Here’s another one I was turned onto by my now 12-year old son, Autry. We’ve been fans for a couple of years now, seen them live twice and love ‘em. From Provo, UT. It might just be me but I hear singer Tyler Glenn as a sort of rock version of Rufus Wainwright – a gifted singer and writer of damn catchy HIT songs with lyrics that often contain important social and moral issues while still being tons of fun.



21 - Rumer - Into Colour

3rd album from the super-fine, Bacharach-ian, Karen Carpenter-ish British vocalist. Jennifer doesn’t like the disco song but I do. I love how Rumer purposely makes out-of-time records.



22 - First Aid Kit - Stay Gold

Terrific third album from Swedish sister country-folk duo.



23 - Echosmith - Talking Dreams

Fun pop-rock from LA family band. “Cool Kids” knocked me out the first time I heard it, I’ve played it a million times and it always sounds great, one of the year’s best singles.




Singles / 10-inchers


David Bowie - “Sue (Or In A Season Of Crime)” / “ ‘Tis A Pity She Was A Whore” - 10-inch single

Unlike anything David Bowie has ever done, the top side is 7:23 long, an unrelentingly tense, sort of free jazz song that may have something to do with illness, infidelity, a secret past pregnancy, madness and/or murder. Even better is the B-side, with lyrics based on a play written in the year 1629 (how does he pull this sort of thing off??!!). Jagged and dark, very much in keeping with 2013’s The Next Day and yet another step beyond, Bowie is clearly going through a purple patch, making some of the best recordings of his entire career.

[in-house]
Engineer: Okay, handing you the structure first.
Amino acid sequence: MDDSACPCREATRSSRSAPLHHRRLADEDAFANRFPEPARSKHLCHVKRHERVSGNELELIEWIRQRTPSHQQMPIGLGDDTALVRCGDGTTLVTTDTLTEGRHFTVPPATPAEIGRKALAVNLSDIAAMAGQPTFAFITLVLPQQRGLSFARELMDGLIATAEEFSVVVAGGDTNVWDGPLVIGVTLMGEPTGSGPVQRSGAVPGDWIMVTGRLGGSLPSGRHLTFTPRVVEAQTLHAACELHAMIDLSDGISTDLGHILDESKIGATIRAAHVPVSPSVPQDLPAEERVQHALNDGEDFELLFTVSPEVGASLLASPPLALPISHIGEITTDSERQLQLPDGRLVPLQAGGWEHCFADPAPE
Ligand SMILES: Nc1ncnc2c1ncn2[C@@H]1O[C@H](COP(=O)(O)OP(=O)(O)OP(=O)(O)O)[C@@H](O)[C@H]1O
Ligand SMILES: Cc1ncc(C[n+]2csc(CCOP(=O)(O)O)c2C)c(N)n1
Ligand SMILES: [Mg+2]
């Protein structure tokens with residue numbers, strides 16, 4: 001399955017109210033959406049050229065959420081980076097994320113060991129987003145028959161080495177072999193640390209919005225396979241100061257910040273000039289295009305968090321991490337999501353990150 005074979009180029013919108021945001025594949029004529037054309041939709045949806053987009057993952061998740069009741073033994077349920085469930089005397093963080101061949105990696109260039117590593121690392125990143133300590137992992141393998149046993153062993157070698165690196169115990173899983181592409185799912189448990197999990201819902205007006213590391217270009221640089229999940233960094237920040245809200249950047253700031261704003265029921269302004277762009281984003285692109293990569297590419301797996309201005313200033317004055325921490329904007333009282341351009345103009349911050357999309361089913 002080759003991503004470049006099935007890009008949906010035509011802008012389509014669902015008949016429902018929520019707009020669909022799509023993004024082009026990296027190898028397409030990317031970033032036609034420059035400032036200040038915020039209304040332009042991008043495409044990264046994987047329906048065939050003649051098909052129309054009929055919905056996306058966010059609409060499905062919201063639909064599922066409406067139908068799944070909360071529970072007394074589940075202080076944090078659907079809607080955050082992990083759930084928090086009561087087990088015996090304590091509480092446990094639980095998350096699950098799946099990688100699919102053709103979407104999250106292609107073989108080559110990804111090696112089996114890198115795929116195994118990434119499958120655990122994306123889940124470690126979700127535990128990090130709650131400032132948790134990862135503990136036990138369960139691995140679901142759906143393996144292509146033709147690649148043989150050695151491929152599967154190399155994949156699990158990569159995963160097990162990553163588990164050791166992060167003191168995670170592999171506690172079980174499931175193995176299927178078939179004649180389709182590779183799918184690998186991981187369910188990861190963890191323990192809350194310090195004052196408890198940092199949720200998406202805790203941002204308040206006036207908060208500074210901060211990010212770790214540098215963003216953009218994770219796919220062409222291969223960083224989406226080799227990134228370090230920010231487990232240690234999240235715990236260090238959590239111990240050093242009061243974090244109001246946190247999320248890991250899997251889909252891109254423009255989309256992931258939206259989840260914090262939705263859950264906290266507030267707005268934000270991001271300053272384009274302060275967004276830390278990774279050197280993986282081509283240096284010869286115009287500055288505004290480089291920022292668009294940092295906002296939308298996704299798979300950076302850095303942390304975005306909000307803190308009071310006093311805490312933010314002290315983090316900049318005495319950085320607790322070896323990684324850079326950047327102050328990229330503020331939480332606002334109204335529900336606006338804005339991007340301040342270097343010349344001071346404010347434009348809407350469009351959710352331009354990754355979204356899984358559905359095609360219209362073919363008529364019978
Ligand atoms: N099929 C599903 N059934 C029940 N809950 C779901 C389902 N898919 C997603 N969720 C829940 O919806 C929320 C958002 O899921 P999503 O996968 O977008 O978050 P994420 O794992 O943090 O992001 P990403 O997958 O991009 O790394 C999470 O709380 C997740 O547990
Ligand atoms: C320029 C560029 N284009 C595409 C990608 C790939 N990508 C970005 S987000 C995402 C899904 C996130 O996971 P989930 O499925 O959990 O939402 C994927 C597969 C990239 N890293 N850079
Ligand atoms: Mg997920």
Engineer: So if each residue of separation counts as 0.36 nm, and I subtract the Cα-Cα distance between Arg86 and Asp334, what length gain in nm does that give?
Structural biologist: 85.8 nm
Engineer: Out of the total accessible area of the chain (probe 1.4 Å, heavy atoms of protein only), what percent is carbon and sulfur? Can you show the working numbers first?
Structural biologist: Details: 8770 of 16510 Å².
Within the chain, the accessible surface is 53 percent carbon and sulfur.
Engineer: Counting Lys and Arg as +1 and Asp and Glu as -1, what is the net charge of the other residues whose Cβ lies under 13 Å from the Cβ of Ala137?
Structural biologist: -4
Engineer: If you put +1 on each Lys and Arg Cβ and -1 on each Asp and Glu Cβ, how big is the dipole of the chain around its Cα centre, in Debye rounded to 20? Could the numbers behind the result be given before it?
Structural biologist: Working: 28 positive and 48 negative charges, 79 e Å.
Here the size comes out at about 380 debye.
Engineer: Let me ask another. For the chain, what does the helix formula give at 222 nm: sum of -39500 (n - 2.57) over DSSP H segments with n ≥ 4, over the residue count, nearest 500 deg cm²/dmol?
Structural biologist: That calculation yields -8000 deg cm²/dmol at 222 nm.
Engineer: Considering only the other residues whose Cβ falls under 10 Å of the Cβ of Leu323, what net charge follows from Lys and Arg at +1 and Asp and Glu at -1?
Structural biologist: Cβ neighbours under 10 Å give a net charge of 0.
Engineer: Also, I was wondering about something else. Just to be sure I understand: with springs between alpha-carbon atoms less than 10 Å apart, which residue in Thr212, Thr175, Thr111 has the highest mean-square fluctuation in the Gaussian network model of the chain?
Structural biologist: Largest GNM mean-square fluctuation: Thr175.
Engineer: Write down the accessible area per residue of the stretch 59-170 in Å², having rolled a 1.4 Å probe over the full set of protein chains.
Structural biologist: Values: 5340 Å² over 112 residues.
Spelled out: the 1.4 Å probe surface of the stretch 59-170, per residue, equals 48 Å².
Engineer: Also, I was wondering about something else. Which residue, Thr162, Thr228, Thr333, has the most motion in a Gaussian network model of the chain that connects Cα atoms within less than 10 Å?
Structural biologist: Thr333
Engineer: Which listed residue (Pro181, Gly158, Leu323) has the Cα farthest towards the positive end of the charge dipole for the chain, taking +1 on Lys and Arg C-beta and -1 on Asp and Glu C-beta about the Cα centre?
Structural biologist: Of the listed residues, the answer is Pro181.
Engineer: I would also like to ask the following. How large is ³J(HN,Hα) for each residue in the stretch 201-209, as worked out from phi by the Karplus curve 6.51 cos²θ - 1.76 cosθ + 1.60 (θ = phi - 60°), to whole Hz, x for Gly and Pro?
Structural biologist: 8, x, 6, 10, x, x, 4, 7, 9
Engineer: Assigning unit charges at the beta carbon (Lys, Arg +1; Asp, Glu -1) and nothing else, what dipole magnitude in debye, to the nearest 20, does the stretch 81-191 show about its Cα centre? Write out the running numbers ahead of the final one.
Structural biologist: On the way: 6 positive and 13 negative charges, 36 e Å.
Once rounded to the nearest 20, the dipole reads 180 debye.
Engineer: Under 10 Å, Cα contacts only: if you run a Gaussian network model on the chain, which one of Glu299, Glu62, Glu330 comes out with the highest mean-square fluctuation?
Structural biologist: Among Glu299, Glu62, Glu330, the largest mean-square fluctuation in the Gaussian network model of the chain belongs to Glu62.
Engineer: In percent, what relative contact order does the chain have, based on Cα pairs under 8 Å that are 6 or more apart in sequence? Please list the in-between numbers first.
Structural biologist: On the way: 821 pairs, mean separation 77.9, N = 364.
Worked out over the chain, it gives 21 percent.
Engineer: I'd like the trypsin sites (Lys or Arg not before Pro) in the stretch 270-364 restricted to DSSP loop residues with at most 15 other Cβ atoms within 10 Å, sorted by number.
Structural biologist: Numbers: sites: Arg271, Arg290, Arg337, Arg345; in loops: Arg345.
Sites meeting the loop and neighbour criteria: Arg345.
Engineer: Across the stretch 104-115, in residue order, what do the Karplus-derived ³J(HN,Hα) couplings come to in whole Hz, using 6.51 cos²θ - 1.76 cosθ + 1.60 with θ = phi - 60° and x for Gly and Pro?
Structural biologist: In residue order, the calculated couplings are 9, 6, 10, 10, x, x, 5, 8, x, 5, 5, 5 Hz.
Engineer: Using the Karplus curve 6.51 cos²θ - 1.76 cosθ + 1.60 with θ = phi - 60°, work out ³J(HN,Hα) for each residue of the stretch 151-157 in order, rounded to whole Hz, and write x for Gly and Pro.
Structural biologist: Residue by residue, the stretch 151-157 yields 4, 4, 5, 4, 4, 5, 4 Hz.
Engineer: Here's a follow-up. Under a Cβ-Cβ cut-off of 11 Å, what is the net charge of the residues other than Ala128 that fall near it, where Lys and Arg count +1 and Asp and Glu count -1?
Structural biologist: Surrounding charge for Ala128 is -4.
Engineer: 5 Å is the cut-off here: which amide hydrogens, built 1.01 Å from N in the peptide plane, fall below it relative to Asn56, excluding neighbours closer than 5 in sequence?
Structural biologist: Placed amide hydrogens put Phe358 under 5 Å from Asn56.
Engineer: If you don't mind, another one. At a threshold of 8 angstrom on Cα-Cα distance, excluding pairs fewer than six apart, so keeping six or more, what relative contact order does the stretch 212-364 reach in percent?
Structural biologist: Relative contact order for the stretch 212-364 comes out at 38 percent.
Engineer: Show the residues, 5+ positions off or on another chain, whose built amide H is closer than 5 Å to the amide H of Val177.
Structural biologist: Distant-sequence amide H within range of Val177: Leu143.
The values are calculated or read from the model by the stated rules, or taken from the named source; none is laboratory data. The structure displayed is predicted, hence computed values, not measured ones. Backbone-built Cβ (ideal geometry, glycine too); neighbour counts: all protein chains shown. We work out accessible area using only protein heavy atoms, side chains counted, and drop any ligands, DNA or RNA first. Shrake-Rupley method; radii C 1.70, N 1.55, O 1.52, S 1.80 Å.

The Unthanks - “Mount The Air” - 10-inch single

My other current favorite band of the last few years (along with Angus & Julia Stone), The Unthanks bear almost no resemblance to anyone else I hear in music these days. Led by vocalists Rachel and Becky Unthank (yes, that’s their real last name) and pianist / arranger Adrian McNally, they are the very definition of ‘following your own muse.’ They use British folk as a jumping off point for what ends up being borderline uncategorizable music … sophisticated, cerebral stuff, eclectic and cinematic, often piano-driven and melancholy with expansive string arrangements … I dunno, maybe we just call it Classical Folk Music. Whatever it is, it’s always impeccably well produced, ungodly beautiful and it takes me away from this mortal world. The A-side is a preview of their upcoming 2015 album of the same name (an edited single version of what is reportedly a 10-plus minute track). The B-side, “Died For Love” is a live demo of another song from the upcoming release. Tastefully packaged in a sleeve with gorgeous artwork and, since I placed my order early, my copy was signed by the sisters – nice!






Robert Wyatt - Different Every Time – Ex Machina / Benign Dictatorships

Well curated career overview. Disc One is a ‘Best Of Robert’ while Disc Two compiles many of his amazing collaborations with other artists. The companion biography of the same name was a fabulous read, chock-full of fascinating stories and facts and it made me love the man more than I already did … which I didn’t think possible!


The Velvet Underground - self titled 3rd album super-deluxe reissue


Bob Dylan - The Complete Basement Tapes


Paul McCartney - New - Deluxe edition


David Bowie - Nothing Has Changed

For me, any Bowie compilation is a tough prospect as, inevitably, I feel some essential tracks are missing and some that are included maybe shouldn’t have been. But I find this one particularly interesting cos he sequenced it backwards, chronologically, to begin with his latest non-LP single, “Sue (Or In A Season Of Crime).”


Led Zeppelin - deluxe 3rd album


Epic Soundtracks - Wild Smile (An Anthology)


Big Star - Live In Memphis